Answering these questions isn’t going to be easy, but it is an exciting time for our industry and we just might be able to make wishes come true.

This post was originally published on our sister blog Reflections, where senior leaders at EMC blog regularly on trends in information technology.

One Stop Cloud Shop: EMC Adds Managed Cloud Services For Federal Agencies With Virtustream Acquisition

Barry Morris

Barry Morris

Vice President, EMC Federal Division
Barry Morris, Vice President of EMC’s Federal Division, is responsible for general division management, providing leadership and vision to the Federal team, government contractors and partners, and Federal systems integrators. In this role, he is dedicated to helping agencies redefine IT in a more agile, trusted, and cost-efficient way. Morris brings 30 years of experience driving sales to the Federal government, and expanding coverage into the state and local government, education, and medical markets.

Good news for our Federal customers: EMC recently announced plans to acquire Virtustream as our new managed cloud services business. With the addition of Virtustream, EMC completes the industry’s most comprehensive hybrid cloud portfolio to support all applications, all workloads, and all cloud models.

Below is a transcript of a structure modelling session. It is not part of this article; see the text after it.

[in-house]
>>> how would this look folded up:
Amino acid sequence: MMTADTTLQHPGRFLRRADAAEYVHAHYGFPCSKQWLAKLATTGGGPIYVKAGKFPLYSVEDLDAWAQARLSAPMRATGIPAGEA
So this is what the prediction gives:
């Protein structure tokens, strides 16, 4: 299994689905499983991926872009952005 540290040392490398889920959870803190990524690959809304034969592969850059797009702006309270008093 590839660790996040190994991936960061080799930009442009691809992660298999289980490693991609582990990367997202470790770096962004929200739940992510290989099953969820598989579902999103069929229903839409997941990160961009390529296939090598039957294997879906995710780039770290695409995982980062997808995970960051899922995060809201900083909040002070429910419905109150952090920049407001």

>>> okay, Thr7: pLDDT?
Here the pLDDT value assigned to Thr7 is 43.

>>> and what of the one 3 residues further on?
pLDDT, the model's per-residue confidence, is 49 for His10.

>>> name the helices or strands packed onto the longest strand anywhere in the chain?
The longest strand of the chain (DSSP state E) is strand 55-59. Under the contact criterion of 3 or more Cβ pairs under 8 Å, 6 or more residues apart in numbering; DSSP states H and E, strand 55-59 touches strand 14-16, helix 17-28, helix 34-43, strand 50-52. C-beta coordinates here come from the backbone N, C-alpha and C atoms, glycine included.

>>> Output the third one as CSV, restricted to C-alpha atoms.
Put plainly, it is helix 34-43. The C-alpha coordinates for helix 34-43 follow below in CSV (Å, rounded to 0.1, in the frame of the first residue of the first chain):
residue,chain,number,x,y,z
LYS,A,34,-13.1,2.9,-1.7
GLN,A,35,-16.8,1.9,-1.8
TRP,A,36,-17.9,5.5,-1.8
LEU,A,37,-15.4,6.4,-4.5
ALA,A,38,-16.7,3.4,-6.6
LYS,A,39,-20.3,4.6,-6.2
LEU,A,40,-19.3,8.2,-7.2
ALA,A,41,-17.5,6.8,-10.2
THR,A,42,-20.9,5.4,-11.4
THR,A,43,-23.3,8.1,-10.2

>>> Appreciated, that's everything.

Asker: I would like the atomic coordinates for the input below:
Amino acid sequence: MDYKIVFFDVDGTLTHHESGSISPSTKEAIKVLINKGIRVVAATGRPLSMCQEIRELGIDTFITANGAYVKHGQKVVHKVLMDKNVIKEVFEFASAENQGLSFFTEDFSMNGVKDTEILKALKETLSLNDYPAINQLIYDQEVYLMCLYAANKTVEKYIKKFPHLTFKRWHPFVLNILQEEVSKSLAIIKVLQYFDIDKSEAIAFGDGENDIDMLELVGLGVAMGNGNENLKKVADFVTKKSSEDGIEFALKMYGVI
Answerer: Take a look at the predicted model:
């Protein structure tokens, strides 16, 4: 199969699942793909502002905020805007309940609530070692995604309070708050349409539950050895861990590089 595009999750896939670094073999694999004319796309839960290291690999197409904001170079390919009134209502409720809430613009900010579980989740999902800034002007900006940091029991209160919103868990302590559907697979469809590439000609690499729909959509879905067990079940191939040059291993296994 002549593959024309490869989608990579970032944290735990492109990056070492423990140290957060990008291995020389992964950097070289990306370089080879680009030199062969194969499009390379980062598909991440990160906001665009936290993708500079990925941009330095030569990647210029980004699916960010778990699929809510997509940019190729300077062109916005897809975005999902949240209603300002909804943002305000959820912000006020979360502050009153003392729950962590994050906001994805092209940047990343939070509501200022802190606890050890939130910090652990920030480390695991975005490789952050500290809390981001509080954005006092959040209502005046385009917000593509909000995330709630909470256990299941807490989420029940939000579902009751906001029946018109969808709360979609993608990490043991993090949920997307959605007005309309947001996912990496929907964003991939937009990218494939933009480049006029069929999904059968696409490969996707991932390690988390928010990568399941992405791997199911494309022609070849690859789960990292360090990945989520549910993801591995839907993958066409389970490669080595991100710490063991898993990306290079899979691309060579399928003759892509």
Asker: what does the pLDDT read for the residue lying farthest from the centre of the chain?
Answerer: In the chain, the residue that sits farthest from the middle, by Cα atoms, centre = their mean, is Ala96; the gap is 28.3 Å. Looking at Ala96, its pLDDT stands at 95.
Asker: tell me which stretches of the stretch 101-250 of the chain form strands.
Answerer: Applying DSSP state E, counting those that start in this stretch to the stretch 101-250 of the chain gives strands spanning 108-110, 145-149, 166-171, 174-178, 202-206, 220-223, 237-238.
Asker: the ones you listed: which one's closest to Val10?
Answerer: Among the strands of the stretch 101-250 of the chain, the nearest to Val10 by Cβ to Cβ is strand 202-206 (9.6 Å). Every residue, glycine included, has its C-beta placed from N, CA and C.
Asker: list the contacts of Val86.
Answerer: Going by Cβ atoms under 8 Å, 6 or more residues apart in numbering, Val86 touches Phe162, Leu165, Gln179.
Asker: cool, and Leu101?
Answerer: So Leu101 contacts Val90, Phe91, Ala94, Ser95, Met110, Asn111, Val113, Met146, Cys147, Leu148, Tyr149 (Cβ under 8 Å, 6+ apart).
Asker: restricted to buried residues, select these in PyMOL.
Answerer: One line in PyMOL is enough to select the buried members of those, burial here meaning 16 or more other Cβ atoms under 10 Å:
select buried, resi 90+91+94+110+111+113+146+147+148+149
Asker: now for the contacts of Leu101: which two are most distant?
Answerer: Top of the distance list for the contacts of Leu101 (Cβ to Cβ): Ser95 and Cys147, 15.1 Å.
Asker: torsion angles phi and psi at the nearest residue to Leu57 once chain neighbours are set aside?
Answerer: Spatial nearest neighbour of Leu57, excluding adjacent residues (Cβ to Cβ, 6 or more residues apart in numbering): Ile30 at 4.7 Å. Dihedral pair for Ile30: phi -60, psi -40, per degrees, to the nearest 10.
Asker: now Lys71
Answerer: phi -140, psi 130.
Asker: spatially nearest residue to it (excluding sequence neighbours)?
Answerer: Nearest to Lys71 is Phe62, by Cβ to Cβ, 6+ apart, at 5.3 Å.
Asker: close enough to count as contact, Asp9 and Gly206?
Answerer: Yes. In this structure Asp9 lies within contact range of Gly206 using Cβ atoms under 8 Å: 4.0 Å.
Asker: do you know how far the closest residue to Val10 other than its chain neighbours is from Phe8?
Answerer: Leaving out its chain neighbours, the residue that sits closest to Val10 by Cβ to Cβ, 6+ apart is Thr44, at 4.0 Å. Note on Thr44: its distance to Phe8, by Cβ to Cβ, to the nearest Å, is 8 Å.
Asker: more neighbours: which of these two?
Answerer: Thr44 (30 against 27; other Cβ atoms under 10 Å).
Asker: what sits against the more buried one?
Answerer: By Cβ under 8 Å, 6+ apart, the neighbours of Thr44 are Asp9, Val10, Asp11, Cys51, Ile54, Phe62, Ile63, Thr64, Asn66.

New Managed Cloud and Services Capabilities

Virtustream brings a managed cloud software and services capability to the EMC portfolio, and will be incorporated into the Federation Enterprise Hybrid Cloud Solution – an on-premise private cloud offering that provides on-ramps to public cloud services such as VMware vCloud Air.

Additionally, in a recent InformationWeek article, writer Charles Babcock noted that Virtustream has a specialty in hosting SAP applications – trusted to migrate, run, and manage these mission-critical applications in the cloud.

By adding Virtustream, EMC will be enabled to act as a single source for customers’ hybrid cloud infrastructure and service needs – providing customers the capability to move their entire application portfolio into a cloud environment.